“I’d say they are quite different industries,” says Bruce McIntyre, a forest industry consulting partner with the Vancouver office of PricewaterhouseCoopers, of B.C.’s coastal and interior areas. “Coastal operations offer a product that is more expensive to harvest and ship, so they are definitely trying to extract higher values and thus tend to approach Asian niche and boutique markets.”
McIntyre says most Interior producers on the other hand are primarily focused on super-efficient, construction-grade, high-volume output. This approach has driven a consolidation of Interior mills, where the high volume has resulted in the mothballing of smaller output operations in favour of larger mills equipped with the latest in production technology, the main focus being on improving grade recovery.
Then there is the elephant in the room: the always contentious issue of log exports, and the idea that B.C. is shipping badly needed local jobs overseas. Despite public perceptions, the volume and value of dimension lumber shipped to China today actually dwarfs the log component. The bulk of the increased number of raw logs being shipped to Asia originate in the province’s northwest, where hemlock – a lower grade of wood than fir or spruce – is a significant portion of the available stock. Prone to internal rot, however, it can’t be sawn profitably in high-tech Canadian mills because the rot causes the logs to disintegrate upon hitting a high-speed saw. But it is ideal for simple, single band saw, mom-and-pop family milling operations in China.
While Asian lumber market demand has appeared like the answer to a prayer from the B.C. industry, will it last? The experts take a generally optimistic view, though not without reservations.
Regarding the Chinese market specifically, what would happen if the Russians realize the folly of their current export tax policy and simply reverse it? David Fung says that other disadvantages beyond the taxes afflict the Russian forest industry, and he doesn’t expect to see Russia become a serious competitor with B.C. anytime soon; rather, he says the Chinese now fully recognize the value B.C. offers, and have no further need to be convinced.
PWC’s Bruce McIntyre takes the more cautious view: while the current boom in Chinese demand has been both well-timed and much-needed, he has concerns about B.C. becoming over-reliant on it and therefore simply exchanging one big-customer dependency for another. He also points out variables that could affect the Chinese market, including rising inflation.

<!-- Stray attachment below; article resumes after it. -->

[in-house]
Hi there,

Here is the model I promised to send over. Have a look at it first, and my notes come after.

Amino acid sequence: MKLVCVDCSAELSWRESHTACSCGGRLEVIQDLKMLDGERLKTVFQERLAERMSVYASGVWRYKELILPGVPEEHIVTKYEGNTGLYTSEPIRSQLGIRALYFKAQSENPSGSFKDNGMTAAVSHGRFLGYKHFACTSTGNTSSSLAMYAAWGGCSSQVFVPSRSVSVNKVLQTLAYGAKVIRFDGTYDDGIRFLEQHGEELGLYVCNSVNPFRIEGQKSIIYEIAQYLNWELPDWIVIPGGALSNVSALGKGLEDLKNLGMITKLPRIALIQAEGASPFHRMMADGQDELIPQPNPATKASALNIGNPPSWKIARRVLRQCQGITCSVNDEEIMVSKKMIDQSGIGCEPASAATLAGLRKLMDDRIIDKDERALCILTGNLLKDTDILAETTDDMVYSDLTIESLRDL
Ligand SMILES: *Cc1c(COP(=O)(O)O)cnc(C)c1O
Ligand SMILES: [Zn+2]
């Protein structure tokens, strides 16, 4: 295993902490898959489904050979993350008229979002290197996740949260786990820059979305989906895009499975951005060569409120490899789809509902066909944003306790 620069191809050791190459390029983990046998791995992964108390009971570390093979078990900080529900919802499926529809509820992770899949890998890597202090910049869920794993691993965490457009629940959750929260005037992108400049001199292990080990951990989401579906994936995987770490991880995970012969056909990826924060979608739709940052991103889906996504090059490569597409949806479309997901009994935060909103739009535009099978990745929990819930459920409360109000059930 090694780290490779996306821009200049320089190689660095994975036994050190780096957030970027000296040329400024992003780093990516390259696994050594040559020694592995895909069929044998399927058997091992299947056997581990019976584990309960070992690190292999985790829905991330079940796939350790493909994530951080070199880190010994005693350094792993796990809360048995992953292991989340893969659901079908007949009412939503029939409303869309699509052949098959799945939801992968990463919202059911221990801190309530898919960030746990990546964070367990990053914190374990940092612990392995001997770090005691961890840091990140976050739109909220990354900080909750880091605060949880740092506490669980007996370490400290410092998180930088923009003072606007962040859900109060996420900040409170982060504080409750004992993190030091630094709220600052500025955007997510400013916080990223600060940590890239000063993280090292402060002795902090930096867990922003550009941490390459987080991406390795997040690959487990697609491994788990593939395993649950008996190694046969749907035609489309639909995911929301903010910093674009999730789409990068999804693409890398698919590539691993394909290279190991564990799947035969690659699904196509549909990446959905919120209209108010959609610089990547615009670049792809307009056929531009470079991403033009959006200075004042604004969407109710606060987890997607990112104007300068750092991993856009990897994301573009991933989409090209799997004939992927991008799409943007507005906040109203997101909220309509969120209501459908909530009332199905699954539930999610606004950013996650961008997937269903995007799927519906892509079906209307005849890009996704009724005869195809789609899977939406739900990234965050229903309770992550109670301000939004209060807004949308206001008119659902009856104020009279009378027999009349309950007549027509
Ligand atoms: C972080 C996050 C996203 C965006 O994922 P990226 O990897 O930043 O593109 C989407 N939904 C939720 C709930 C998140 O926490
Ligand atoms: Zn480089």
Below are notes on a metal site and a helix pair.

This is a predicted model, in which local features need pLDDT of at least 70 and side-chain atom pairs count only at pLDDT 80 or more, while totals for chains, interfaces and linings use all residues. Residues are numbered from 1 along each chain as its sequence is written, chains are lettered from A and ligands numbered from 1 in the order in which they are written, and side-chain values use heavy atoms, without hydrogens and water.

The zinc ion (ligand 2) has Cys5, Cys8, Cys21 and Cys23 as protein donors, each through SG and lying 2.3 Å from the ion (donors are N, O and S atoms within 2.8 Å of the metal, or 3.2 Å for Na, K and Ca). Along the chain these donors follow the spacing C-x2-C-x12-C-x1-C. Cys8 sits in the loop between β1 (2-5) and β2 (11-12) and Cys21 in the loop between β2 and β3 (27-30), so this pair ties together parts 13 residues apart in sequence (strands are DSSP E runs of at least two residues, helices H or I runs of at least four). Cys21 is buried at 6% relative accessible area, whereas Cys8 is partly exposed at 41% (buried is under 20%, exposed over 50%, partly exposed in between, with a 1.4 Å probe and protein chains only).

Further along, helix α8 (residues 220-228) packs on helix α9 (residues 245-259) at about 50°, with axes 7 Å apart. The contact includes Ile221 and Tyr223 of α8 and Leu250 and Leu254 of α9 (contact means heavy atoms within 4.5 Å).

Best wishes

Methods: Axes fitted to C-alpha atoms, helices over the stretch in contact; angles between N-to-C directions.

Another question mark is the strong Canadian dollar. With lumber prices remaining on the low side, affected still by the soft American housing market, and B.C. lumber priced in U.S. dollars, many Canadian producers are still struggling to turn a small profit or just break even.
Pat Bell tempers his optimism with a solid dose of realism. He sees growth of B.C. forestry exports continuing in the 10 to 20 per cent range annually, with the likely advent of Indian market growth over time being another big plus. “These Asian market developments that we’ve seen are not an aberration,” he says. “They are the real thing.” But he does not expect B.C.’s forestry export trade with China to continue doubling every year as it has over the past four years. “If that super-charged growth continued, we’d very quickly run out of production capacity,” he says.
Some industry players see recent market growth as simply the first act in a longer play that will reach its denouement in a “super-cycle” of returns for the B.C. industry – when the U.S. housing market genuinely recovers, as most believe is inevitable. McIntyre says that even though economists are not forecasting much of a U.S. upturn over the next couple of years, eventually pressures to build needed new homes, or even to remodel and repair those already in the inventory, will rise again, and probably all the more sharply after the long delay.
Paul Quinn, an analyst with RBC Capital Markets in Vancouver, takes this view a step further: “What we’ve already seen of Asian demand, even if it just stays at today’s levels, will be very significant when the U.S. housing market does come back,” he says. “That’s where the talk of super-cycle lumber pricing comes in.”
Prices today are just above break-even levels for many producers, he says, and current 2012 projections call for more of the same. But he sees the potential for a turning point in 2013: “U.S. housing formation numbers are the key indicator, and these are slowly improving.” Collectively, a U.S. demand resurgence combined with continued strong, and even expanding, Asian demand – plus the effect of mountain pine beetle-afflicted trees reaching the end of their market life – all add up to a considerable tightening of supply, hence a spur on any upward price movement.
Would more expensive B.C. wood kill a good chunk of the new Chinese demand? Decidedly not, says Pat Bell. He figures that Russian “round wood” costs the Chinese about $430 per 1,000 board feet by the time they saw it; so as long as B.C. prices stay below that price, B.C. will not have any trouble competing with them. “If we got into lumber prices north of $400, no one would care,” he says. “That’s highly profitable territory for us.”